If the projected         Army workload of 1.4 million            man-hours is
        added to the projected         Navy workload, Navy officials            told us the

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rate per productive hour would be reduced to about $1.81. This
amount includes 91 cents fixed co&s, 2!4 cents variable cost, and
66 cents direct labor cost. Since the Naval Ship 33epal.r Facility's
overhead rate is dependent on the number of productive labor hours
worked, the decrease of 20 cents ($2.01 to $1.81) per productive
labor hour resulting   from the projected Arky requirements would
result in savings to the Navy of about $1.2 mD..3.ion on its exist?.ng
workload of 6.1 million hours.
      In addition,  savings would accrue to the Army. Using the
projected Navy plant rate of $1.81 per hour, Army cost to accomplish
the proposed contract work at the Subic Bay faellity     would amount
to about $2.5 million.     This is about $&O,OOO less than if accom-
plished by contract, including the cost of contract administration.
If the benefits to the Navy resulting    from an input of the Ar~y*s
requirements into the Subic Bay Facility     were to be passed OZI50
the Army in the form of a lower plant rate, the Army would be able
to realize even greater savings.
      To summarize, our computations show that overall savings to the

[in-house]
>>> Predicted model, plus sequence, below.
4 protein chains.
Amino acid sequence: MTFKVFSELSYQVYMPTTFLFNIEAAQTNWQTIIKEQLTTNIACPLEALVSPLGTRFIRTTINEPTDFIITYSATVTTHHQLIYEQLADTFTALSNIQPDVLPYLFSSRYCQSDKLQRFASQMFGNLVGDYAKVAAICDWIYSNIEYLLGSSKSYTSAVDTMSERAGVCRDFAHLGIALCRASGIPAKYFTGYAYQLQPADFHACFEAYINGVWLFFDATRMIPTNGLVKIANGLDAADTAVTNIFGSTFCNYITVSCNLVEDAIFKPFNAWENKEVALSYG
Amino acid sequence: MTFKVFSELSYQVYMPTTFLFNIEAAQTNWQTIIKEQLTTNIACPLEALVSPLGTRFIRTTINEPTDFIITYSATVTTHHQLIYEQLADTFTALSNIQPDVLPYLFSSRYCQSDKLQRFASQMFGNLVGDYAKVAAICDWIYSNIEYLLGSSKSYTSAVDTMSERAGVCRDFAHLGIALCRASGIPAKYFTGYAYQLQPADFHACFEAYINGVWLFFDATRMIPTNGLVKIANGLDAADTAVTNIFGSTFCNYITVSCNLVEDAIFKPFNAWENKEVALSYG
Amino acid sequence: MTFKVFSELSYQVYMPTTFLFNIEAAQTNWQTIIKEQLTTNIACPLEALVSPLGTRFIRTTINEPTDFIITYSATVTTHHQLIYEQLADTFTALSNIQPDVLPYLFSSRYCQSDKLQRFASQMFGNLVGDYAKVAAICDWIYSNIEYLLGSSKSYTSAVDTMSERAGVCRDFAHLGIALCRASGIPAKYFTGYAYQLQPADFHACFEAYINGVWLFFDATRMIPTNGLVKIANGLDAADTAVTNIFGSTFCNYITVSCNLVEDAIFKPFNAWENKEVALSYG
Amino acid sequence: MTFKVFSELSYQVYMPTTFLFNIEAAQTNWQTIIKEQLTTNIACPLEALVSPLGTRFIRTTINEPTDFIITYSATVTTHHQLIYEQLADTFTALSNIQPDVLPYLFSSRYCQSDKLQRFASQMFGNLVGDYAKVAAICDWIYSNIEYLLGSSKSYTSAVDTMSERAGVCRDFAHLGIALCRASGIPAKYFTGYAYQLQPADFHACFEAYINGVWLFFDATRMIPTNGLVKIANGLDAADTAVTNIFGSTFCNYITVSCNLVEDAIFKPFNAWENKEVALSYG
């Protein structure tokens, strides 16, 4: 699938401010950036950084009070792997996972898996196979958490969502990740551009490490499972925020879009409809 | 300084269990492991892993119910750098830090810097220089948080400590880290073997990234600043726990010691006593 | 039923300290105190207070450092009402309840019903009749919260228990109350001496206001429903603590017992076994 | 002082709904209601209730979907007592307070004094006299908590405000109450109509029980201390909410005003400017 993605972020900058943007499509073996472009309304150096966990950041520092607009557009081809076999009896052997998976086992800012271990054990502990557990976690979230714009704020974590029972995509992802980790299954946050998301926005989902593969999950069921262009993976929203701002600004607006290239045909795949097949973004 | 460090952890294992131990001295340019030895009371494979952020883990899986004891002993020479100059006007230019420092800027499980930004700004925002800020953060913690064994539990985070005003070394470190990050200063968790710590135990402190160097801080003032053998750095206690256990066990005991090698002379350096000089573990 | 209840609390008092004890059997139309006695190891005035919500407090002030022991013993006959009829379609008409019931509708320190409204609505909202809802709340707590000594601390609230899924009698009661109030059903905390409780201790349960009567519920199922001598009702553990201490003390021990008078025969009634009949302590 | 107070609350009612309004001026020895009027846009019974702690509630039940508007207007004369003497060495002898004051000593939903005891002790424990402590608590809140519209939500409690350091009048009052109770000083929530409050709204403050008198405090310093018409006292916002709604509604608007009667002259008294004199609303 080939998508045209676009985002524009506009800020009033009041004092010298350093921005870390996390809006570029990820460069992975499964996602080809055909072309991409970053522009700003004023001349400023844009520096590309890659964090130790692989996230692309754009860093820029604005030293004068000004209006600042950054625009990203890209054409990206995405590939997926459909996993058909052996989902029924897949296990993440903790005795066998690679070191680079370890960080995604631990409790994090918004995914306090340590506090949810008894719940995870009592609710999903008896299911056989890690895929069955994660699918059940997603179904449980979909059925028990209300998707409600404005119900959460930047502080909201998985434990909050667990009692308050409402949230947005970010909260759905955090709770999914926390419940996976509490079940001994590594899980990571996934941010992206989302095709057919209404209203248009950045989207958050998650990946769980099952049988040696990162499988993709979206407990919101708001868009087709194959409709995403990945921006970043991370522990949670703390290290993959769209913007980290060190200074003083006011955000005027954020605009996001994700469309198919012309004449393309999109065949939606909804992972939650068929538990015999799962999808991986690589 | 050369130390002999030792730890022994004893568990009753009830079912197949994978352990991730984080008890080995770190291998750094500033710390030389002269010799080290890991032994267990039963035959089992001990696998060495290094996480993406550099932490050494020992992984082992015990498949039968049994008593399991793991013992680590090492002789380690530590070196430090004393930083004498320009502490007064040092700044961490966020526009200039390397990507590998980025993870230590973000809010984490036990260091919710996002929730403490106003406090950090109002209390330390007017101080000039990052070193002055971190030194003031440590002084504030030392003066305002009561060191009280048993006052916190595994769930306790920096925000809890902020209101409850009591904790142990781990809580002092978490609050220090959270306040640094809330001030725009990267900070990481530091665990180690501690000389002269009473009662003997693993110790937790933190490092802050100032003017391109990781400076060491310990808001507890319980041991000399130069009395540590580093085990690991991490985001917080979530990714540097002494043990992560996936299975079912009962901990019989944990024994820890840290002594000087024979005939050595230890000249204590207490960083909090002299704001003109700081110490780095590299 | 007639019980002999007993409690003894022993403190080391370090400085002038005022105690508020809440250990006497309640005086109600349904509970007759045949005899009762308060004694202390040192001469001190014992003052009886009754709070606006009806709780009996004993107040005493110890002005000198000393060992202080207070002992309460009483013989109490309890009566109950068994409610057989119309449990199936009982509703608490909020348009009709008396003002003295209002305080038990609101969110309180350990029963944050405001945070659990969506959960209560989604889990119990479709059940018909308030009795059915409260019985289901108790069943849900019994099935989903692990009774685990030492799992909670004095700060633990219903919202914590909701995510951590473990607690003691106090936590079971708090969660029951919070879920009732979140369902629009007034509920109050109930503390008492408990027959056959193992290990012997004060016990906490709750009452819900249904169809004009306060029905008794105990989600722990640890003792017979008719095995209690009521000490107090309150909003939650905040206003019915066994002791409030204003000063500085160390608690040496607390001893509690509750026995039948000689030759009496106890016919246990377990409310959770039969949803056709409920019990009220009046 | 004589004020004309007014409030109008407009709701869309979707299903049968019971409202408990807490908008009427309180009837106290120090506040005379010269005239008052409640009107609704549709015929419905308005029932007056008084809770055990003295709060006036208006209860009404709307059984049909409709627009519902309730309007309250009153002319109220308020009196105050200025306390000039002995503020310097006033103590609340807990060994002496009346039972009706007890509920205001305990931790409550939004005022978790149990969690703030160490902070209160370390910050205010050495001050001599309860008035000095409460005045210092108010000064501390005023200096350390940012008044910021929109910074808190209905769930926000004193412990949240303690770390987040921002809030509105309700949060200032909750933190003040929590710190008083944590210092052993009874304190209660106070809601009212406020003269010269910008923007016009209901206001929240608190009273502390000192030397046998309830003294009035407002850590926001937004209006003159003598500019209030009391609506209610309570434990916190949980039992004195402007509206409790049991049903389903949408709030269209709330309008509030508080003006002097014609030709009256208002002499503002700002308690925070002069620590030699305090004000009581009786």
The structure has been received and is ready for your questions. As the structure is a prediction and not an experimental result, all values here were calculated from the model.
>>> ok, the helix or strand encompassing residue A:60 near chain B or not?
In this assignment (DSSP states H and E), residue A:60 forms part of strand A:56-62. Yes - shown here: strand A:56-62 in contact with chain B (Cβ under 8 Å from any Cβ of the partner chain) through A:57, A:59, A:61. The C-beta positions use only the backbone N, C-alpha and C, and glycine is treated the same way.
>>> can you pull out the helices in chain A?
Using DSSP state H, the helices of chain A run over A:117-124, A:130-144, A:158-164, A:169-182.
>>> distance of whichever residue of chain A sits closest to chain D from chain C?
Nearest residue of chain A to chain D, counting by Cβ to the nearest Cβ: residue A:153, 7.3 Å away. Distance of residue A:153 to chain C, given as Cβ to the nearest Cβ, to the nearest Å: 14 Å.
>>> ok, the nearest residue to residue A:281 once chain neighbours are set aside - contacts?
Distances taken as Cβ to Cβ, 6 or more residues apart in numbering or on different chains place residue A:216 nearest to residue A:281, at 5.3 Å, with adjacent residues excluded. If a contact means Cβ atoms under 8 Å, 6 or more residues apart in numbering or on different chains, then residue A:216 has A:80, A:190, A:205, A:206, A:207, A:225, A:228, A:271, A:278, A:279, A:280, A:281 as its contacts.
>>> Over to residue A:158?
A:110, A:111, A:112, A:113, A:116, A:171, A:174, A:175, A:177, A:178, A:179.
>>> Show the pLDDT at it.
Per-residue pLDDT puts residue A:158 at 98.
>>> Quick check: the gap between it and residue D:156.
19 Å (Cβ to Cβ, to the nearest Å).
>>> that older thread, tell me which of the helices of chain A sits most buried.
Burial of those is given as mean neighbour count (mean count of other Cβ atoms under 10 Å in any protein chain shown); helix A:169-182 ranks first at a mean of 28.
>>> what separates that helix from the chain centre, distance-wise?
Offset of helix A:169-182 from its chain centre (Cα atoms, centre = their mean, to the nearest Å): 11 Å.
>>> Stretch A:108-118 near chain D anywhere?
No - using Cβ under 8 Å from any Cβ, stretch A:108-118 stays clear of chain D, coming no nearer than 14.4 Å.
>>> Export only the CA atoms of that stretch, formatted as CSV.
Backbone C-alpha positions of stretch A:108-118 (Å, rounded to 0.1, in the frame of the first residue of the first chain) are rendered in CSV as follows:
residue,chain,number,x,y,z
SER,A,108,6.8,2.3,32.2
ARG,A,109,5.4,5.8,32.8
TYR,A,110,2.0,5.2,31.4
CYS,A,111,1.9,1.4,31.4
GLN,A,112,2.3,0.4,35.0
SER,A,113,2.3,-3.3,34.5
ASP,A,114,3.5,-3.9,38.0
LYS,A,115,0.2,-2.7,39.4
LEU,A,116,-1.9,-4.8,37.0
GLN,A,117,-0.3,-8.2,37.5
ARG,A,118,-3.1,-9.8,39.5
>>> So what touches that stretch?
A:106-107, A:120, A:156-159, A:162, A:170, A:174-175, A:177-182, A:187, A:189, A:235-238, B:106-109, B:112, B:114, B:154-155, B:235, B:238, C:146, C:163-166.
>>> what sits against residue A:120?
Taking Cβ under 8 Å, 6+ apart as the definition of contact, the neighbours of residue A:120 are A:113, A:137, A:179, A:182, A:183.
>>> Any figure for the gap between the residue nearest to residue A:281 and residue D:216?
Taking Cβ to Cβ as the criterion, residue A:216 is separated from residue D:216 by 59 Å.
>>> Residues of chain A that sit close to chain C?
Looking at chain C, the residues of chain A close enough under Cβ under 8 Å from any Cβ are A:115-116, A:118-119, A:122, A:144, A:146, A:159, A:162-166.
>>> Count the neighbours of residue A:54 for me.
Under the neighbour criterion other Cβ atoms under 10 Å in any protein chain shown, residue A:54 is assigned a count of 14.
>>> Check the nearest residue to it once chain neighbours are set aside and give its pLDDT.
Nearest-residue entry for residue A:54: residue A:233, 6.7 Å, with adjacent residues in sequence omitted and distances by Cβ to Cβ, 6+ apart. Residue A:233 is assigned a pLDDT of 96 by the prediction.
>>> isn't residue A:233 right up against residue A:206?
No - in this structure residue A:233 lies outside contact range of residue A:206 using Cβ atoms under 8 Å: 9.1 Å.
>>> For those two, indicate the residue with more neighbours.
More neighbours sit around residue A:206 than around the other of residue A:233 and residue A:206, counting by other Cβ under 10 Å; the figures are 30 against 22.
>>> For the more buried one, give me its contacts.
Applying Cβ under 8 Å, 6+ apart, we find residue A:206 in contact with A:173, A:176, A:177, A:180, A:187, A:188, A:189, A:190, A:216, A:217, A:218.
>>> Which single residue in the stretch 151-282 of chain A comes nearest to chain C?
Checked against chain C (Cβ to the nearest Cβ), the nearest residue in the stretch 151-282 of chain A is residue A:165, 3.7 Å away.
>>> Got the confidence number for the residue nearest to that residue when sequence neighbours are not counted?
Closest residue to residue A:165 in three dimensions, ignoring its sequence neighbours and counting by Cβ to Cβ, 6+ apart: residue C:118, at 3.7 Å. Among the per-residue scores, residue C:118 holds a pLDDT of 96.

Government would amount to about $2 million in reduced maintenance
and administrative  costs to the Army and Navy in fiscal year I.972,
if contra& maintenance for the Army in Southeast Asia is trans-
ferred to the Naval Ship Repair Facility   at Subic Bay, Phfhipp?.nes.
ADDITIONAL CC&IS INCURREDBY THE ARMY
DUE TO CONTRACTORS EXCEEDINGTIME LIMIT
      The Army incurred additional   costs because of lengthy delays
in contract repair and return of vessels to Vietnam. Time-consuming
award of contracts and lack of repair parts in Taiwan created criti-
cal shortages of tugboats in Vietnam which had to Be tiiled Sy
leasing tugboats from commercial firms.     During fisca:! years 1969
and 1970, approximebtely $1.3 million was s-pent each ye&r to lease
tugboats to replace those in depot overhaul more than 90 days.
       Repair time for vessels overhauled by contractors in the
Philippines     and Taiwan far exceeded the time limit permitted in
the contracts.      The average delivery time for vessels repaired by
the Philippine     contractors was 143 to 466 days (depending on the
type of vessel repaired),      or 94 to 358 days after delfvery dates
specified in the contracts.        In Taiwan, the actual delivery date
exceeded the date specified by an average of 257 days. Army
officials    stated the delays in the Philippines     were caused by.
      needed materials not furnished to contractors on time and
      inaccurate preliminary    tisual inspections of work required.


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                   In contrast, the Navy repaired the same types of vessels much
            faster.    For example, the average time for mechanized landing craft
            was 75 days; 66 days for utility    landing craft; and 70 days for
            Y-tankers.